Last night, I listed a link to this item on Feministing.com in my Remains of the Day. I usually check things out for myself, especially when they interest me, as this purported clothing ad that uses images of domestic violence victims did. But I couldn’t find anything on the official Benetton site or on the McCann Erickson (ad agency) site.
So I emailed the Benetton PR person and asked, can you tell me more about this campaign.
Well – I got this email back:
Thank you for you email. I would like to inform you that the images you
are refering to with the logo “Domestic Colors of Violence” are a FAKE and
are NOT an adverting campaign of Benetton Group.
The ONLY project Benetton has done on domestic violence was in 2003,
created and developed by Fabrica (Benetton’s communication research center)
and Colors Magazine (part of the publishing activities at Fabrica). Please
see the attached link for further information
Thank you for contacting us.
Senior Fashion Public Relations Manager
Benetton USA Corporation
601 Fifth Avenue, 4th Floor
New York, NY 10017
Tel. 212-593-0290 ext.337
But I so trust Feministing (seriously, I really do) that it was like having bumped into a closed glass door that previously had been open: I had to do it a second time, just to be sure.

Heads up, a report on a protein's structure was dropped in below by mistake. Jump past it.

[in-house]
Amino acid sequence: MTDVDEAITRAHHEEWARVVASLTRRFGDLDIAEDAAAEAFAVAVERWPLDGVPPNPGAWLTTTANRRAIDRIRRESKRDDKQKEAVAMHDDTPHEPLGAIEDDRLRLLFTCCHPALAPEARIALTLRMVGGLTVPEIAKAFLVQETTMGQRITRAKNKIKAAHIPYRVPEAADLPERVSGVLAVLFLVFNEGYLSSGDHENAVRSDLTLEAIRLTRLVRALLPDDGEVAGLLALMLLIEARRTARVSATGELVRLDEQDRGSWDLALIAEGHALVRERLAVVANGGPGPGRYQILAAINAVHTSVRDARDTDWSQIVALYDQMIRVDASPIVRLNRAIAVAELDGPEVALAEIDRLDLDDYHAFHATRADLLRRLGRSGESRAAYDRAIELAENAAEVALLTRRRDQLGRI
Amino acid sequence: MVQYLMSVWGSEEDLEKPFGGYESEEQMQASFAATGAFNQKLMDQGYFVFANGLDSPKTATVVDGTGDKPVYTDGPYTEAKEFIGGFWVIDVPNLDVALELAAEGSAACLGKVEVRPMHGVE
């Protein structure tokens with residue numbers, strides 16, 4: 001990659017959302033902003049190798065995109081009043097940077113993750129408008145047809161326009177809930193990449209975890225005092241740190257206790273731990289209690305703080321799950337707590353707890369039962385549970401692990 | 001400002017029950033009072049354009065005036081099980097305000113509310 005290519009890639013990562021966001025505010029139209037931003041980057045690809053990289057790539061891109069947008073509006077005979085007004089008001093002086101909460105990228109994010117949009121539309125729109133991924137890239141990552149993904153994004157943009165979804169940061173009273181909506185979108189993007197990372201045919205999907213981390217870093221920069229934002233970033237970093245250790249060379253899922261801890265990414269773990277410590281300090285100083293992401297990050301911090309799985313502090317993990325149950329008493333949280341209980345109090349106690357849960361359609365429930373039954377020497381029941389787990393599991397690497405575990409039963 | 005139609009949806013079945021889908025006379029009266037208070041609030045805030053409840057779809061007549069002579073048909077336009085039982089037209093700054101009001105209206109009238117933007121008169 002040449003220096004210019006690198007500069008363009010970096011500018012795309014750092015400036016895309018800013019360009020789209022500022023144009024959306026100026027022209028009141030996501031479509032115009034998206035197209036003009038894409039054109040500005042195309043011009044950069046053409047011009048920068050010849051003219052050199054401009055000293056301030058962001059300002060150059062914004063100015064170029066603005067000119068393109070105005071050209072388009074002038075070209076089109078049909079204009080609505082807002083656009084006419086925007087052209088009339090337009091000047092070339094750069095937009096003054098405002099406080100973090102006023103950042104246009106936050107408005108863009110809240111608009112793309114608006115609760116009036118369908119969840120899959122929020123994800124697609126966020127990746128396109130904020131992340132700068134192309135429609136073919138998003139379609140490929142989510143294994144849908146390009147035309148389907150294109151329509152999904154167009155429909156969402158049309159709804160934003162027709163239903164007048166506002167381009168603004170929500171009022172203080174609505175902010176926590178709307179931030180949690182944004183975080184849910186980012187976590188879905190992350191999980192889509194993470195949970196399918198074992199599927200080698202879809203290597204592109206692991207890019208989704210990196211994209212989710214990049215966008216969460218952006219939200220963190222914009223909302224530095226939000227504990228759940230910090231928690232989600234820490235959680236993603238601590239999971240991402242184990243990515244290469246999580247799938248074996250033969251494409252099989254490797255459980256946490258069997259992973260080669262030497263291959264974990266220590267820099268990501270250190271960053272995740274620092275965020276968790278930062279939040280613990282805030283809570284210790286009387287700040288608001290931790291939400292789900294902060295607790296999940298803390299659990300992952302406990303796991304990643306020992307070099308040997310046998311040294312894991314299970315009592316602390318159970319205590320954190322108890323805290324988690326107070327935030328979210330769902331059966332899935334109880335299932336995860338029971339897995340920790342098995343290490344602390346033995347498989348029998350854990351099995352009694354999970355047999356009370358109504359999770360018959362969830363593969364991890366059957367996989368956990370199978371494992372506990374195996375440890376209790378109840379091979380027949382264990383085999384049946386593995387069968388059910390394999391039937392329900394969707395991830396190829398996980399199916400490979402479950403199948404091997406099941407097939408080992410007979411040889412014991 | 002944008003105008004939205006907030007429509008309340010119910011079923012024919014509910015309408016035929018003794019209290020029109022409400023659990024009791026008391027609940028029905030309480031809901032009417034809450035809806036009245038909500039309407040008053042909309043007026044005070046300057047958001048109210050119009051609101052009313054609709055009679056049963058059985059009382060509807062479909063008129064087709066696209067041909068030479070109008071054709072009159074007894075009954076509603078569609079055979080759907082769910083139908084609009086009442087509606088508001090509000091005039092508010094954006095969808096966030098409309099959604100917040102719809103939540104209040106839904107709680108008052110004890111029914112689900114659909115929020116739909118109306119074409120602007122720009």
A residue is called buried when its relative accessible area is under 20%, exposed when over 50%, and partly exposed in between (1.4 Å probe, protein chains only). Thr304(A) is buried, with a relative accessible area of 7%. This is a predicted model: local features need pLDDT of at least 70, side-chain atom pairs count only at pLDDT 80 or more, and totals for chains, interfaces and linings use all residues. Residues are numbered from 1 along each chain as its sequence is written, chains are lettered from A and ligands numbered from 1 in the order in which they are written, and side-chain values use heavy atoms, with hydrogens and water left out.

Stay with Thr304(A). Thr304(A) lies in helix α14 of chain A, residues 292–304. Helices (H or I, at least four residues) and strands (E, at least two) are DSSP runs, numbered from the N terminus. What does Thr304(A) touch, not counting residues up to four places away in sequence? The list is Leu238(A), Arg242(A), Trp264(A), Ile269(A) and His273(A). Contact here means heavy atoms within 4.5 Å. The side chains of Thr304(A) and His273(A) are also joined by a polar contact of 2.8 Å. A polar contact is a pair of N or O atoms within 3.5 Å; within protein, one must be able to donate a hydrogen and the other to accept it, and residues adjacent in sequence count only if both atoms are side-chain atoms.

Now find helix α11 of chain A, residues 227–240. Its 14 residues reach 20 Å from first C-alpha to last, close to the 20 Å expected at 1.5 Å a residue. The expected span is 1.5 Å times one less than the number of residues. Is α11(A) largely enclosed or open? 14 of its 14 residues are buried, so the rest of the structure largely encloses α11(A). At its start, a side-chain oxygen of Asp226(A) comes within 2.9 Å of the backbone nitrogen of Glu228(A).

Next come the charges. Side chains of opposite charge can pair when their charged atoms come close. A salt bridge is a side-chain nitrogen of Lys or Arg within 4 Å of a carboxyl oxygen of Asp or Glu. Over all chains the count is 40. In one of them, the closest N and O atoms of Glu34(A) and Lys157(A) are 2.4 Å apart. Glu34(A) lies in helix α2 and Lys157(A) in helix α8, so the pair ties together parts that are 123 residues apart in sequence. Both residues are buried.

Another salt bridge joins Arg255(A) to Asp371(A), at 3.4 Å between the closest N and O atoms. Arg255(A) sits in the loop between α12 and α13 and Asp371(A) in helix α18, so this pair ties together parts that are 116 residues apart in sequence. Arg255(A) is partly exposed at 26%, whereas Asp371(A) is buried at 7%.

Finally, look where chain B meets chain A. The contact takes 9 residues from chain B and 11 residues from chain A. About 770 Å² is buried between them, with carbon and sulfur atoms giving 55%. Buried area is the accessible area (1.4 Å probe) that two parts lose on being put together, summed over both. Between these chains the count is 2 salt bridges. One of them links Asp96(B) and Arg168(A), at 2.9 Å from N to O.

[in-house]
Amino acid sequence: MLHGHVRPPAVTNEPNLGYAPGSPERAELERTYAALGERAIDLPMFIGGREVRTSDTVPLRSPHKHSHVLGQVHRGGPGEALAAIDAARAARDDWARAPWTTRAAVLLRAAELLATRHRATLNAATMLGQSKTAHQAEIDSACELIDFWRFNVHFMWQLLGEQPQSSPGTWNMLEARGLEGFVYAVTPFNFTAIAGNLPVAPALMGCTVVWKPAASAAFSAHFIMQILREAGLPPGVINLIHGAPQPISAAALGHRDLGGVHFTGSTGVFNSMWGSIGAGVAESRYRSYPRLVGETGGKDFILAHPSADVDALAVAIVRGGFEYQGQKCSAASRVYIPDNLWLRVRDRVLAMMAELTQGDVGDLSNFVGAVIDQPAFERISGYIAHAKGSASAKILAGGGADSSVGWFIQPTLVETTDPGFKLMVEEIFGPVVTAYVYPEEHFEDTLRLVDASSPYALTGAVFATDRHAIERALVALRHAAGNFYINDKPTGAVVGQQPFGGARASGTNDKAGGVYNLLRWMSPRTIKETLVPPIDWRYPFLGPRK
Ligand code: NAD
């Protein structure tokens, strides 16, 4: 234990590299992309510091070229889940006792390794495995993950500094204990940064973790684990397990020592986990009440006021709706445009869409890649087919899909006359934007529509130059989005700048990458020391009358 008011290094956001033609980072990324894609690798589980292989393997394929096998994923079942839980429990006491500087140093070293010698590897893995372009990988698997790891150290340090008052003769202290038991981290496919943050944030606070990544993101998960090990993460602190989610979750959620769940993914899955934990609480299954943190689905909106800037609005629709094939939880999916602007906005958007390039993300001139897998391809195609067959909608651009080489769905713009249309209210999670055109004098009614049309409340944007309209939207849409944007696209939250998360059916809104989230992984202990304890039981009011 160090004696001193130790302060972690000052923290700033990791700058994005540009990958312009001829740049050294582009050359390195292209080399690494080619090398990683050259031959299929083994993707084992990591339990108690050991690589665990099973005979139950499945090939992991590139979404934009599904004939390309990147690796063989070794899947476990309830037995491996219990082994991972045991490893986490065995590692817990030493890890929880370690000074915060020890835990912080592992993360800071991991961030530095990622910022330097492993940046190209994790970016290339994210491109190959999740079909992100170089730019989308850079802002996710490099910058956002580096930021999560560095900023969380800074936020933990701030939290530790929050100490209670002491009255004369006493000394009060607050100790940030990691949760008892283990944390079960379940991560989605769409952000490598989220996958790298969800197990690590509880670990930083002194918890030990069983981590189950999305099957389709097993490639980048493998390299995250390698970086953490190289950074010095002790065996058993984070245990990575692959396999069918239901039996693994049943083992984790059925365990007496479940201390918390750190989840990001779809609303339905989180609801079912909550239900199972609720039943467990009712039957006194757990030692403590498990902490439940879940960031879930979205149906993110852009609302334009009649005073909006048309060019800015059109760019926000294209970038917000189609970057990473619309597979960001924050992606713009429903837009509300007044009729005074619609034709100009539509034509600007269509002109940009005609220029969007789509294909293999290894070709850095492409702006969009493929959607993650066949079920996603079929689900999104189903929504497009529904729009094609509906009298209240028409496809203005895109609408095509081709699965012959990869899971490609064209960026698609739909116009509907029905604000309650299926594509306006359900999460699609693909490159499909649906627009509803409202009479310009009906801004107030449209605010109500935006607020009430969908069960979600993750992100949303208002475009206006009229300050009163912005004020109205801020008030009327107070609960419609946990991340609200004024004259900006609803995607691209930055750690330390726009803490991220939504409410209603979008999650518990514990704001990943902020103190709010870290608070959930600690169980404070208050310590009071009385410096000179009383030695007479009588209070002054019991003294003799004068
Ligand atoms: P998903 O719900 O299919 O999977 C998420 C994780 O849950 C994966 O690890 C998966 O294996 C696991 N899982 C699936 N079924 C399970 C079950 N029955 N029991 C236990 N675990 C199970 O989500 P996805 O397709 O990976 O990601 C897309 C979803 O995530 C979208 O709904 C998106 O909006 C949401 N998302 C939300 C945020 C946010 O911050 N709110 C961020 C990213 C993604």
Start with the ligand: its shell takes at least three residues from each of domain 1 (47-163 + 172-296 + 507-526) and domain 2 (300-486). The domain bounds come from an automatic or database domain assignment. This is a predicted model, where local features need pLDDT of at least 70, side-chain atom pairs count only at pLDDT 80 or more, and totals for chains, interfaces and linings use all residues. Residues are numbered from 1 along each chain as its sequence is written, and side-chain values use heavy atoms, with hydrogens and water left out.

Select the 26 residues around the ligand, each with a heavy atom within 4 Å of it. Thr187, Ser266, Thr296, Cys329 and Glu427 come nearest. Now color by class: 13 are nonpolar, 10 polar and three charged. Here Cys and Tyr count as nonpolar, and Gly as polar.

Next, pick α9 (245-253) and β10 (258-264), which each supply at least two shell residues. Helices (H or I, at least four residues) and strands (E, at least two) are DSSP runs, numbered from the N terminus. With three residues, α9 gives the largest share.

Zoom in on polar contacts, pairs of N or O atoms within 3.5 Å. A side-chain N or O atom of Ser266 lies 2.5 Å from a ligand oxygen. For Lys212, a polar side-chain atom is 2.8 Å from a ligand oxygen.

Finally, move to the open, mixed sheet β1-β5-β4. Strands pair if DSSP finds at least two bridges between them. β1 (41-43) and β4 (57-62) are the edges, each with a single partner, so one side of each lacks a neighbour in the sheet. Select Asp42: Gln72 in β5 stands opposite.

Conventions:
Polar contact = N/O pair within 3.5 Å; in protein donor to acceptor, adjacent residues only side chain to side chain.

So I called Ms. Nouhi to find out, what is going on?
Here is what she told me:
We’re “well-known for the ads that we’ve done in the past and are a global company.”
“There are a lot of strange people around. As of right now, we learned about it today” from me and “from one other journalist from Salon.com who contacted me”
The ad is “not ours whatsoever – we don’t use an outside agency – our ads are done internally.”
Benetton is “investigating. I don’t know exactly what headquarters is doing right now.”
“When I got it from Salon, I was so shocked. I immediately sent it to Italy and for sure they are looking into it”
“I hope McCann Erickson [the ad agency indicated as responsible] is investigating too”
“I wish all the blogs would do the same thing you did and Salon did. Its very hard to control the information.”
“This is definitely not something that we’ve done.”
“We would have put logo on it if it was something we did and, definitely, it’s not our logo.”
Wow. All I can say, at the moment, is wow.
First of all, I’ve always trusted Feministing and this would be the first time that a very major blog (as blogs go), that I’ve decided to trust (and I’m pretty picky and am always championing that people can discriminate for themselves), ends up getting punked.
Then again, I suppose it can happen to anyone. I’ve been punked and I know I’ve punked a few people in my time (when I didn’t even mean to, no less).
So what have we learned today?
SEND AN EMAIL. PICK UP THE PHONE. Trust your instincts to question when something seems really outrageous – and in this case, the ad campaign would be outrageous and so, we have to ask, I had to ask, why – why is someone – Benetton – doing this, rather than me speculate why they are doing it or what’s good or bad about them doing it.
Because guess what?
They weren’t and aren’t doing it.
And the only way I learned that? Was by going to the, um, what do you call it?